Masscult and Midcult
Masscult and Midcult
Essays Against the American Grain
New York Review of Books, Paperback, 9781590174470, 291pp.
Publication Date: October 11, 2011
A New York Review Books Original
An uncompromising contrarian, a passionate polemicist, a man of quick wit and wide learning, an anarchist, a pacifist, and a virtuoso of the slashing phrase, Dwight Macdonald was an indefatigable and indomitable critic of America’s susceptibility to well-meaning cultural fakery: all those estimable, eminent, prizewinning works of art that are said to be good and good for you and are not. He dubbed this phenomenon “Midcult” and he attacked it not only on aesthetic but on political grounds. Midcult rendered people complacent and compliant, secure in their common stupidity but neither happy nor free.
This new selection of Macdonald’s finest essays, assembled by John Summers, the editor of The Baffler, reintroduces a remarkable American critic and writer. In the era of smart, sexy, and everything indie, Macdonald remains as pertinent and challenging as ever.
work for Henry Luce at "Time "and "Fortune," quitting in 1936 because of cuts that had been made to an article he had written criticizing U.S. Steel. From 1937 to 1943, Macdonald was an editor
of "Partisan Review" and in 1944, he started a journal of his own, "Politics," whose contributors included Albert Camus, Victor Serge, Simone Weil, Bruno Bettelheim, James Agee, John Berryman, Meyer Schapiro, and Mary McCarthy. In later years, Macdonald reviewed books for "The New Yorker," movies for "Esquire," and wrote frequently for" The New York Review of Books."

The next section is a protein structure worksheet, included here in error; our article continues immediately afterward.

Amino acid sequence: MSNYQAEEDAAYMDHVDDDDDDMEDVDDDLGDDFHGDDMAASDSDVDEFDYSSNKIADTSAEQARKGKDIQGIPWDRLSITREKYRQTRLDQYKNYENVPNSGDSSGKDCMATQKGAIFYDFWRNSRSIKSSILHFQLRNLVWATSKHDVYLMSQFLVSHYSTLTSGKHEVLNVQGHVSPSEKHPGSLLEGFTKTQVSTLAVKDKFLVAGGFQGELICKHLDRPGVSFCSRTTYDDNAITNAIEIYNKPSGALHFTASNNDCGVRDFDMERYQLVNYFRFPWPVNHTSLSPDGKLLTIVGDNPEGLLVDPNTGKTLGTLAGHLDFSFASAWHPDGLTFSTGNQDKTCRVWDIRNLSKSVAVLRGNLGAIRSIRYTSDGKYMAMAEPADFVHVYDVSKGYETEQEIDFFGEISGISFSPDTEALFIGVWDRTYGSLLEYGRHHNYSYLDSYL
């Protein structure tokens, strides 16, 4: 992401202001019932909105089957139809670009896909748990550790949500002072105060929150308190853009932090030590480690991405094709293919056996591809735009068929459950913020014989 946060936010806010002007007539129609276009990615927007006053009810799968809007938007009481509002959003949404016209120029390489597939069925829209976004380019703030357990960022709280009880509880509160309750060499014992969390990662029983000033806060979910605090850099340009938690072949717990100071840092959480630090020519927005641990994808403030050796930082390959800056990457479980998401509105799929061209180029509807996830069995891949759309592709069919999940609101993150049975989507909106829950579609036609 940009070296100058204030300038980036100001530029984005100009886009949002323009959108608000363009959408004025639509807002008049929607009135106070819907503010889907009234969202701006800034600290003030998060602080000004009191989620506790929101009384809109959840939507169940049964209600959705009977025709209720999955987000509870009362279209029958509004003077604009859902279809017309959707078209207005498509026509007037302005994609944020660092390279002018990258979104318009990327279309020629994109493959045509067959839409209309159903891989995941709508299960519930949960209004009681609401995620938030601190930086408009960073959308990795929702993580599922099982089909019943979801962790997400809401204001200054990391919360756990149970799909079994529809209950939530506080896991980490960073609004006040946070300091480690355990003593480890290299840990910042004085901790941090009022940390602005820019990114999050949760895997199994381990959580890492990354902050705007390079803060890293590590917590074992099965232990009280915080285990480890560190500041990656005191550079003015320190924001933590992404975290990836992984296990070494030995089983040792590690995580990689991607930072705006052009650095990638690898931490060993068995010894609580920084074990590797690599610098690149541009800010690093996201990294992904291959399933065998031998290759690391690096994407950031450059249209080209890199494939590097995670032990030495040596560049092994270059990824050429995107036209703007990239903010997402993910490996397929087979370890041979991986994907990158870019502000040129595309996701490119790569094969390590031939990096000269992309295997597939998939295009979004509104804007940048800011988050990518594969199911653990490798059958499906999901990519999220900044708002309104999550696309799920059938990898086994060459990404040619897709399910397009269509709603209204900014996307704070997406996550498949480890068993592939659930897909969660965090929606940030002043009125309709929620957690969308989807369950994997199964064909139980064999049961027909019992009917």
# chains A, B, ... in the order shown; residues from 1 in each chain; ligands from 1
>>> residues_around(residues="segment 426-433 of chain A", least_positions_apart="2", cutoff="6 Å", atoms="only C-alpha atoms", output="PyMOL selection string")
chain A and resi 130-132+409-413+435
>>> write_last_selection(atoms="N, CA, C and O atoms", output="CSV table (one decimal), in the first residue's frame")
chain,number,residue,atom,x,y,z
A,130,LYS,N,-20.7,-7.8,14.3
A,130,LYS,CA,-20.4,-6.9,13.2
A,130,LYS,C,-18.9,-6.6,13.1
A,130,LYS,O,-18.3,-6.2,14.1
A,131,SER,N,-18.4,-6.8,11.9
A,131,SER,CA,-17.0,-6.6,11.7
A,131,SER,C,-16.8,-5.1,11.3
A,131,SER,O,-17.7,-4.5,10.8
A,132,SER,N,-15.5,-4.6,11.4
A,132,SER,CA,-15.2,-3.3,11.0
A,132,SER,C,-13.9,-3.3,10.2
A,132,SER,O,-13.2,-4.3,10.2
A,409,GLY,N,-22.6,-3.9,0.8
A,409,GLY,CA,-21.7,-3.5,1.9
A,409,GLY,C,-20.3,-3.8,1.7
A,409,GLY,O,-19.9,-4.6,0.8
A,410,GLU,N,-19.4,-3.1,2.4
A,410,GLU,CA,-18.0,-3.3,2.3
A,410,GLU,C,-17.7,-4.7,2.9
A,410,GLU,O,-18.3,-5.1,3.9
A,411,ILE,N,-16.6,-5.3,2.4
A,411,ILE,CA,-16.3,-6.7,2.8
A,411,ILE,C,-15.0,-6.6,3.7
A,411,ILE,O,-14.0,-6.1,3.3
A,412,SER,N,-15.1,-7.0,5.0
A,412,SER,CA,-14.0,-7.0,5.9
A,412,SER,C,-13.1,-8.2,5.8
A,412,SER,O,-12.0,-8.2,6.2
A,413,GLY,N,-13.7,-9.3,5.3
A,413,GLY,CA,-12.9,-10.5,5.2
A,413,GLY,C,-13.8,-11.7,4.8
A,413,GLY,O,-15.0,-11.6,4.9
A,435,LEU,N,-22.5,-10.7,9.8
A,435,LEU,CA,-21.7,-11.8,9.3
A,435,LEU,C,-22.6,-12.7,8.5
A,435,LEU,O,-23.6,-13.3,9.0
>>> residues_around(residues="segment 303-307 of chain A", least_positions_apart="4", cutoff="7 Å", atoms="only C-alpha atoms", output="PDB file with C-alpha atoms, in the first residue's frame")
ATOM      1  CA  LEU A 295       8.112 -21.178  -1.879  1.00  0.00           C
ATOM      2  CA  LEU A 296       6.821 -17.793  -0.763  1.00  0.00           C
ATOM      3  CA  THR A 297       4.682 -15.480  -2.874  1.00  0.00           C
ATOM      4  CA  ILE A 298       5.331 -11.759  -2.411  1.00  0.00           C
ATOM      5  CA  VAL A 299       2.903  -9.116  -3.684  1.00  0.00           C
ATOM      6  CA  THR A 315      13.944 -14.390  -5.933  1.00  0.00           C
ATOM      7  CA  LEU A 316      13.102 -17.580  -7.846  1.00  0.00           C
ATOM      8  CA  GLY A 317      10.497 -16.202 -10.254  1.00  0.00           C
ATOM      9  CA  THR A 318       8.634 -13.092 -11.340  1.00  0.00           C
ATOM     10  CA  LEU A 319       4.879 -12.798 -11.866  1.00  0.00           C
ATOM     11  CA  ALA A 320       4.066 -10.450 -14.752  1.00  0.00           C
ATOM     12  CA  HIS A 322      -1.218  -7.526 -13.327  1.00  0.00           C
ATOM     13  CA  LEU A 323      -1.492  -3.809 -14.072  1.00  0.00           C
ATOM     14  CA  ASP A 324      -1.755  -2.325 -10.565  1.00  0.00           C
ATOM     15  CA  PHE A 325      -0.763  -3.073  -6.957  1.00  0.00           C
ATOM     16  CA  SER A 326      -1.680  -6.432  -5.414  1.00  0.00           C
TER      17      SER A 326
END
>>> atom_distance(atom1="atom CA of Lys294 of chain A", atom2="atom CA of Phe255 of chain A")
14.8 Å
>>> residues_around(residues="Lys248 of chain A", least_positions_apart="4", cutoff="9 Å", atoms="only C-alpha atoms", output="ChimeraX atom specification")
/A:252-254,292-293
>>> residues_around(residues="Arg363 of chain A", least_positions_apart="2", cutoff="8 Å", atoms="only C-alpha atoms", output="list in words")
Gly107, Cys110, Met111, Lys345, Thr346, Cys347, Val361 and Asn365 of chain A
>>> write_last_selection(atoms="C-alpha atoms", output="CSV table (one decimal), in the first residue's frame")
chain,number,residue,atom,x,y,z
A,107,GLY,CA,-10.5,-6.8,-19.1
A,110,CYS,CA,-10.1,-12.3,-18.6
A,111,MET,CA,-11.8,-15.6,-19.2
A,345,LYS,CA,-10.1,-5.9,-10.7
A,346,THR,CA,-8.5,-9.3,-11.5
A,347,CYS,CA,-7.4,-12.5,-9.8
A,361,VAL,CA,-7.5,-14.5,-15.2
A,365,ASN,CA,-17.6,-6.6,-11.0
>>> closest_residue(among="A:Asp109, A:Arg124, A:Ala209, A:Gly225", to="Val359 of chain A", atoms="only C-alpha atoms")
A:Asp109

John Summers is the editor of "The Baffler."
Louis Menand is the Anne T. and Robert M. Bass Professor of English at Harvard University and a staff writer at "The New Yorker." He is the author of "Discovering Modernism," "The Metaphysical Club," "American Studies," and "The Marketplace of Ideas."
“He was a radical, he was a conservative, he was compassionate, he was scathing. He had exquisite taste in many a literary matter. But his transcendental virtue, that unique quality which sets him far apart from all other literary figures for whom one can feel respect, was that he had the rare gift of always speaking out of his own voice.” —Norman Mailer
“Dwight Macdonald was a generalist whose specialty was capsizing conventional wisdom, exposing highfalutin fraudulence and filing heretical dissents.” —James Wolcott, The New York Times
“Those who read much and care about the quality of what they read ought to be grateful for the consistent tough-mindedness of Dwight MacDonald. . . He is provocative and well worth rereading. The quality of his essays is in direct ratio to
their ambitiousness.” —Larry McMurtry, The Washington Post
"Dwight Macdonald's...real legacy lies in the series of unforgiving, inflammatory and ferociously witty essays he wrote during the 50s, 60s and 70s. Most of his work is out of print now, but this new collection edited by John Summers aims to right this wrong and prove Macdonald's enduring relevance as a cultural watchdog….If, politically, Macdonald was a confused and often erratic radical, intellectually he was a staunch conservative; he was against the grain in more ways than one. It's this unresolved contradiction that makes his essays so thrilling and complex. " — Ermanno Rivetti, The Guardian
"As with all great essayists, his writing had a poetic component, but it was a poetry cleansed of poeticism. No modern American prose writer of consequence ever postured less: compared with him, Mary McCarthy is on stilts, Gore Vidal grasps a pouncet-box, and Norman Mailer is from Mars in a silver suit. At his best, Macdonald made modern American English seem like the ideal prose medium: transparent in its meaning, fun when colloquial, commanding when dignified, and always suavely rhythmic even when most committed to the demotic." - Clive James, The Atlantic